[An updated version of this post can be found here]
It’s been a while since I updated this blog on my efforts to build my on-line competitive intelligence service (codenamed ScrewTinny). As I’m now not too far away from releasing an alpha version, I thought I’d start to share some of the output. At the same time I’m starting to see some competitive intelligence value in the humble wordle.
ScrewTinny is a competitive intelligence tool that I’m building to examine and visualise high-tech vendors’ marketing copy in an attempt to expose the strategies within. The principle is simple. As we market any product or service, the words we use to cunningly ensnare our prospects also betray the strategy we are following to beat our competition. If I describe something as “the fastest” (superlative) or “faster than” (comparative) then it’s fairly certain that performance is probably a key feature and one that I might see as a differentiator.
I’ve blogged before about MITICOR and PIPESCOM. These are REPAMA studies that I’ve automated to infer a vendor’s value proposition approach and product feature focus respectively. A by-product of this analysis is that I’m also collecting a lot of textual statistics from vendor’s marketing copy. So I’ve decided that it would interesting to allow users of my service to visualise these text statistics as Word Clouds (Wordles). I’m also starting to think that there may be some competitive intelligence value in examining and comparing wordles from different vendors.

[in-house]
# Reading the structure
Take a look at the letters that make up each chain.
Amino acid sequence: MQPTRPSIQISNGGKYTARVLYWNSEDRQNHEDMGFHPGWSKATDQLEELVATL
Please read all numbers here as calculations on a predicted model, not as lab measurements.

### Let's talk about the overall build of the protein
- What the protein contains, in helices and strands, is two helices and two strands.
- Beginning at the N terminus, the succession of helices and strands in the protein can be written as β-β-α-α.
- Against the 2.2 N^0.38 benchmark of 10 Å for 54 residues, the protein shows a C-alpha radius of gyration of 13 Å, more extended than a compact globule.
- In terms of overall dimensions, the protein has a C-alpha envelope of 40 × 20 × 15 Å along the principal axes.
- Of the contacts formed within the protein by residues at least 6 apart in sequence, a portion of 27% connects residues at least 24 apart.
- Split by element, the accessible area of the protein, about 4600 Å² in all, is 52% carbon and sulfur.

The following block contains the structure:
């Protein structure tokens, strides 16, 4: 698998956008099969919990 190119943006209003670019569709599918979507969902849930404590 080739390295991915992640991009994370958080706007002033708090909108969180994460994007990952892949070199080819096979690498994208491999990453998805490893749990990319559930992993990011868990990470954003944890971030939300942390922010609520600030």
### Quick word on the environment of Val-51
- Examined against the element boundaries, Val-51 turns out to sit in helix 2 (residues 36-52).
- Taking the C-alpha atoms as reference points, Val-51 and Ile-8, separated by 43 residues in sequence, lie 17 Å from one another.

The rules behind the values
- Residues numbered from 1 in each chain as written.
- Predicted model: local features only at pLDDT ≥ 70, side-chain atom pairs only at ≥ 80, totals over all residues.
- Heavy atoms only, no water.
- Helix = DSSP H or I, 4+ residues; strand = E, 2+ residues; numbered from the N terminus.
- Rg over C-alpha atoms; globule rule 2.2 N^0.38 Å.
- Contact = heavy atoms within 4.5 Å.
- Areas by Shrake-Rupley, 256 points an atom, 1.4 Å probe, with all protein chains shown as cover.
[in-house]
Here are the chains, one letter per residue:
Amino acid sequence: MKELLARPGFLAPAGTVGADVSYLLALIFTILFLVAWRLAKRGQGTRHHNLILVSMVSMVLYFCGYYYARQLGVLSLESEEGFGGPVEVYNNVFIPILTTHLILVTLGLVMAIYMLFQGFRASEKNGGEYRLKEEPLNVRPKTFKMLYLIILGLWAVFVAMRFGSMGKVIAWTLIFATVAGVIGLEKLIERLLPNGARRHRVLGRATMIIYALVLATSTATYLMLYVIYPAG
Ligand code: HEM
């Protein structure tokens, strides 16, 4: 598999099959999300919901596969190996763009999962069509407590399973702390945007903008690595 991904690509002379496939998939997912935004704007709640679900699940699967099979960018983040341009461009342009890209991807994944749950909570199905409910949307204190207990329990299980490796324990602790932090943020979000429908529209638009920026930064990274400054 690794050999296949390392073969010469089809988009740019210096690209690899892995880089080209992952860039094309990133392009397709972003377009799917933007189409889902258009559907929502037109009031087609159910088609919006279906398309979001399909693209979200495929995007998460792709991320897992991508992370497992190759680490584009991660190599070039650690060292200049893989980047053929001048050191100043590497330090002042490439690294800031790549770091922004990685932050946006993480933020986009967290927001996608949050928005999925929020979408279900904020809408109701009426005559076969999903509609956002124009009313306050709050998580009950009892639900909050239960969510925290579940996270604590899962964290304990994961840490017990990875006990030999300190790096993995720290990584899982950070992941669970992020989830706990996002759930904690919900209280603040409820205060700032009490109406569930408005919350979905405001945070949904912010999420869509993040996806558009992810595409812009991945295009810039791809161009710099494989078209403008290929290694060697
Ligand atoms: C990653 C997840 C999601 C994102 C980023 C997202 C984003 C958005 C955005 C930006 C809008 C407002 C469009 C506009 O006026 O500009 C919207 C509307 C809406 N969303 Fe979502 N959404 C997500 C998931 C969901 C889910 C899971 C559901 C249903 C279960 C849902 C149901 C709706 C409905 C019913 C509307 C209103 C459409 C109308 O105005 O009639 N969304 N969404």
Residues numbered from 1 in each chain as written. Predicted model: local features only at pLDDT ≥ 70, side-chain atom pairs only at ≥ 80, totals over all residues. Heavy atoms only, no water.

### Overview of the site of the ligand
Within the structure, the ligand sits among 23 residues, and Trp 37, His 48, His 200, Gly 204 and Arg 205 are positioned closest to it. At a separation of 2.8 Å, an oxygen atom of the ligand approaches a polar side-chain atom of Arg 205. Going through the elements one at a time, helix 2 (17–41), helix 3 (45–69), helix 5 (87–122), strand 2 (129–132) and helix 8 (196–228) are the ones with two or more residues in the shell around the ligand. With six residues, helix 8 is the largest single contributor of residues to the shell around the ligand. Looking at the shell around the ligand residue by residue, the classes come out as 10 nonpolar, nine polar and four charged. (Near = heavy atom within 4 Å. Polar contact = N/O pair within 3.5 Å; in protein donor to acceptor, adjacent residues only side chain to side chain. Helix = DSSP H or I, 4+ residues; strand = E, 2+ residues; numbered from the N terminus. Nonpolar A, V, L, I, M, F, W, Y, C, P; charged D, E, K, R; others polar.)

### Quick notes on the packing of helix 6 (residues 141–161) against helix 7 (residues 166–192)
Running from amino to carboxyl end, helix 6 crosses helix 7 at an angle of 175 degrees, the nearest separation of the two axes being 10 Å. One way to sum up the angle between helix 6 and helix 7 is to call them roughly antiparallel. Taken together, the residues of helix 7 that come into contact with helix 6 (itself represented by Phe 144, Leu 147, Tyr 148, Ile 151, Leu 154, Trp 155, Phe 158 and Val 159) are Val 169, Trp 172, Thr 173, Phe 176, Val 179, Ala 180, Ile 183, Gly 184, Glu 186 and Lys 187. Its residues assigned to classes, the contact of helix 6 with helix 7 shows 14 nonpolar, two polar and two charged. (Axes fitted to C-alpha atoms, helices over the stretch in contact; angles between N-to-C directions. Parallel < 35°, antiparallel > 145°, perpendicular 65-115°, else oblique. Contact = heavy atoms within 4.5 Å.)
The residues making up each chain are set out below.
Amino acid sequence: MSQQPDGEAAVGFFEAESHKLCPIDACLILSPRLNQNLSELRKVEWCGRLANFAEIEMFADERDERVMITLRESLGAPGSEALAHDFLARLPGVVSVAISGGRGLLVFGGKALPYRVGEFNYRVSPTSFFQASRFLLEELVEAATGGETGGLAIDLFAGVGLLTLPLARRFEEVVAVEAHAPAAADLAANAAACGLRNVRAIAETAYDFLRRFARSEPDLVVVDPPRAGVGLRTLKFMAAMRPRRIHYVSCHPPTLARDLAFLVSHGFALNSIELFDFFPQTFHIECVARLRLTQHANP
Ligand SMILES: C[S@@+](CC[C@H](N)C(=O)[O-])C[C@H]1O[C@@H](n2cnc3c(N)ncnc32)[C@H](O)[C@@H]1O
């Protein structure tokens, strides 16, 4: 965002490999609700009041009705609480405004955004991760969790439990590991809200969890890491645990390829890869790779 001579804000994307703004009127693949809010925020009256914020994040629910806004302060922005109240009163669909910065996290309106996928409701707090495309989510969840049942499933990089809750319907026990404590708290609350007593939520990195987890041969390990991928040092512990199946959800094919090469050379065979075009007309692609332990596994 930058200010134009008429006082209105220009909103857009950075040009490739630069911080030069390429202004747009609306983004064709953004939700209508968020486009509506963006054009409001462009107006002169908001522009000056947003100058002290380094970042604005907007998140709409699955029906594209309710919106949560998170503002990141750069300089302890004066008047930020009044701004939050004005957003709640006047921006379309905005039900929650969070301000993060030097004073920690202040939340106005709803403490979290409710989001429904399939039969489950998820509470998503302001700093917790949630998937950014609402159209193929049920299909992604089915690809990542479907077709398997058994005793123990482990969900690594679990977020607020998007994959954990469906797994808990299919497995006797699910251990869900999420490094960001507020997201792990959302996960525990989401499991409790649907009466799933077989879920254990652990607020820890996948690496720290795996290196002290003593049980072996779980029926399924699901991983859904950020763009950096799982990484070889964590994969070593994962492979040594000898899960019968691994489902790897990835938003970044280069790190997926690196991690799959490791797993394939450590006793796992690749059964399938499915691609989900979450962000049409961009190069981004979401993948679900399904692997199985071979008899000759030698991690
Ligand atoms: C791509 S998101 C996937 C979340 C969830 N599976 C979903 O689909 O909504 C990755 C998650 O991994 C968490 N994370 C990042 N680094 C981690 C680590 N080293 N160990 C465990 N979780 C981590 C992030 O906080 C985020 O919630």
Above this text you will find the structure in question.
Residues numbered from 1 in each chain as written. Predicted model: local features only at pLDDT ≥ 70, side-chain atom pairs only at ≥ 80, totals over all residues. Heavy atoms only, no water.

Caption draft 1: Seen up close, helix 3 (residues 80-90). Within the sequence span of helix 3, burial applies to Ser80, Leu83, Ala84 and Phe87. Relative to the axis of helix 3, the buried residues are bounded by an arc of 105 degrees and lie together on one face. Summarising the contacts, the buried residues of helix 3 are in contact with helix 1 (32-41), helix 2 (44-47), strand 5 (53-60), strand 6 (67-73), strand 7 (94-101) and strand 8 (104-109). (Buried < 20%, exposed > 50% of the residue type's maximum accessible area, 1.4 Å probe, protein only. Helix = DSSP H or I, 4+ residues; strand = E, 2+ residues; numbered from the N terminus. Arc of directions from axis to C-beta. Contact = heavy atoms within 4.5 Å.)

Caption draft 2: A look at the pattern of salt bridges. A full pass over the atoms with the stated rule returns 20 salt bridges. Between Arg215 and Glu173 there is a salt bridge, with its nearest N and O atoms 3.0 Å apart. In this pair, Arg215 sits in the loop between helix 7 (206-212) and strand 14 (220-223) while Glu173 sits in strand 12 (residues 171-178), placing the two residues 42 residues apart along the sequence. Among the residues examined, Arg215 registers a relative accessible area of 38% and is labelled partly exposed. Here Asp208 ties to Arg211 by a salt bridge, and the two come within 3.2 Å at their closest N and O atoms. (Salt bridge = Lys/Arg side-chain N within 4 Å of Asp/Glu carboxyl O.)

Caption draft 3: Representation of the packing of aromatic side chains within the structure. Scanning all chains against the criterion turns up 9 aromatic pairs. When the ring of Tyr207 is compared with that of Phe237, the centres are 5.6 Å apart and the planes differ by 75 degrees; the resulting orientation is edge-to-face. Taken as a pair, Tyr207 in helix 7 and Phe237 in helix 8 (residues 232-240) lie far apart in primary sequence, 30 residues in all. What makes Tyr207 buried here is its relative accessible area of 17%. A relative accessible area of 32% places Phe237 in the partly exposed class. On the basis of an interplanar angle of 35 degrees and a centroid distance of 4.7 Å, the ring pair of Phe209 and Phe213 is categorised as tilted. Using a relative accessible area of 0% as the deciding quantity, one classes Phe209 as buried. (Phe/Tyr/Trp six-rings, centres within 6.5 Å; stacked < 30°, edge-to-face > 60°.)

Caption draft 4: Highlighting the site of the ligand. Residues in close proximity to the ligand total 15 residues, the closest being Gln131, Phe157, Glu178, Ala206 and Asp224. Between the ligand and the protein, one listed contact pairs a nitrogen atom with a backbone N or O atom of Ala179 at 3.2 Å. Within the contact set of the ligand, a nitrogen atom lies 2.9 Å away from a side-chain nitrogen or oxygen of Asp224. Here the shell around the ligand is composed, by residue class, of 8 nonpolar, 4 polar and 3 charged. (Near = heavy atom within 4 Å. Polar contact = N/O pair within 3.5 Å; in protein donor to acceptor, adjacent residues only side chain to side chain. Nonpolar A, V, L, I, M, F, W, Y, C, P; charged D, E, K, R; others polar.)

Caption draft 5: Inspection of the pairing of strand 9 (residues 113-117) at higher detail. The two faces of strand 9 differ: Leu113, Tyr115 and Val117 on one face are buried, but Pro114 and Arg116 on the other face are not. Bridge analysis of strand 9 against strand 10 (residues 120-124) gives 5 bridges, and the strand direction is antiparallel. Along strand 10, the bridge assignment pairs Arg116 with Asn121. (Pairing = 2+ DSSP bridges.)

Wordles are not the most precise way to show the frequency of words in a text, but if precision isn’t important then they do provide an excellent at-a-glance guide to the words that are repeated most frequently. If the text we use to produce the Wordle is the marketing copy that a vendor uses to communicate with the market, then what we are seeing is the priority (subliminal or conscious) that a vendor attaches to the terms it uses to communicate with the market.
As regular readers of this blog will know, while I’m building and testing ScrewTinny I’m focussing on the Enterprise Service Bus (ESB) market before I add additional market categories. The ESB market is simply one I know very well and as such it makes testing much easier. The vendors that I’m looking at initially in the ESB market segment are the following (Axway, Talend, Mule, Progress, TIBCO, Seeburger, Intersystems, Tmaxsoft, iWay, WS02, Fiorano, JBoss and FuseSource. I recognise that some of these products / vendors have merged, been acquired or divested since I set up my test data, but they are still shown here separately.
I pointed ScrewTinny at a bunch of WS02 content (web site pages and PDFs) which it analysed and produced a Wordle of the most frequently occurring 420 tokens (you might think of these as words) in the content that ScrewTinny examined.
The result is shown below.
WS02 ESB Marketing Copy Wordle
Click for larger image.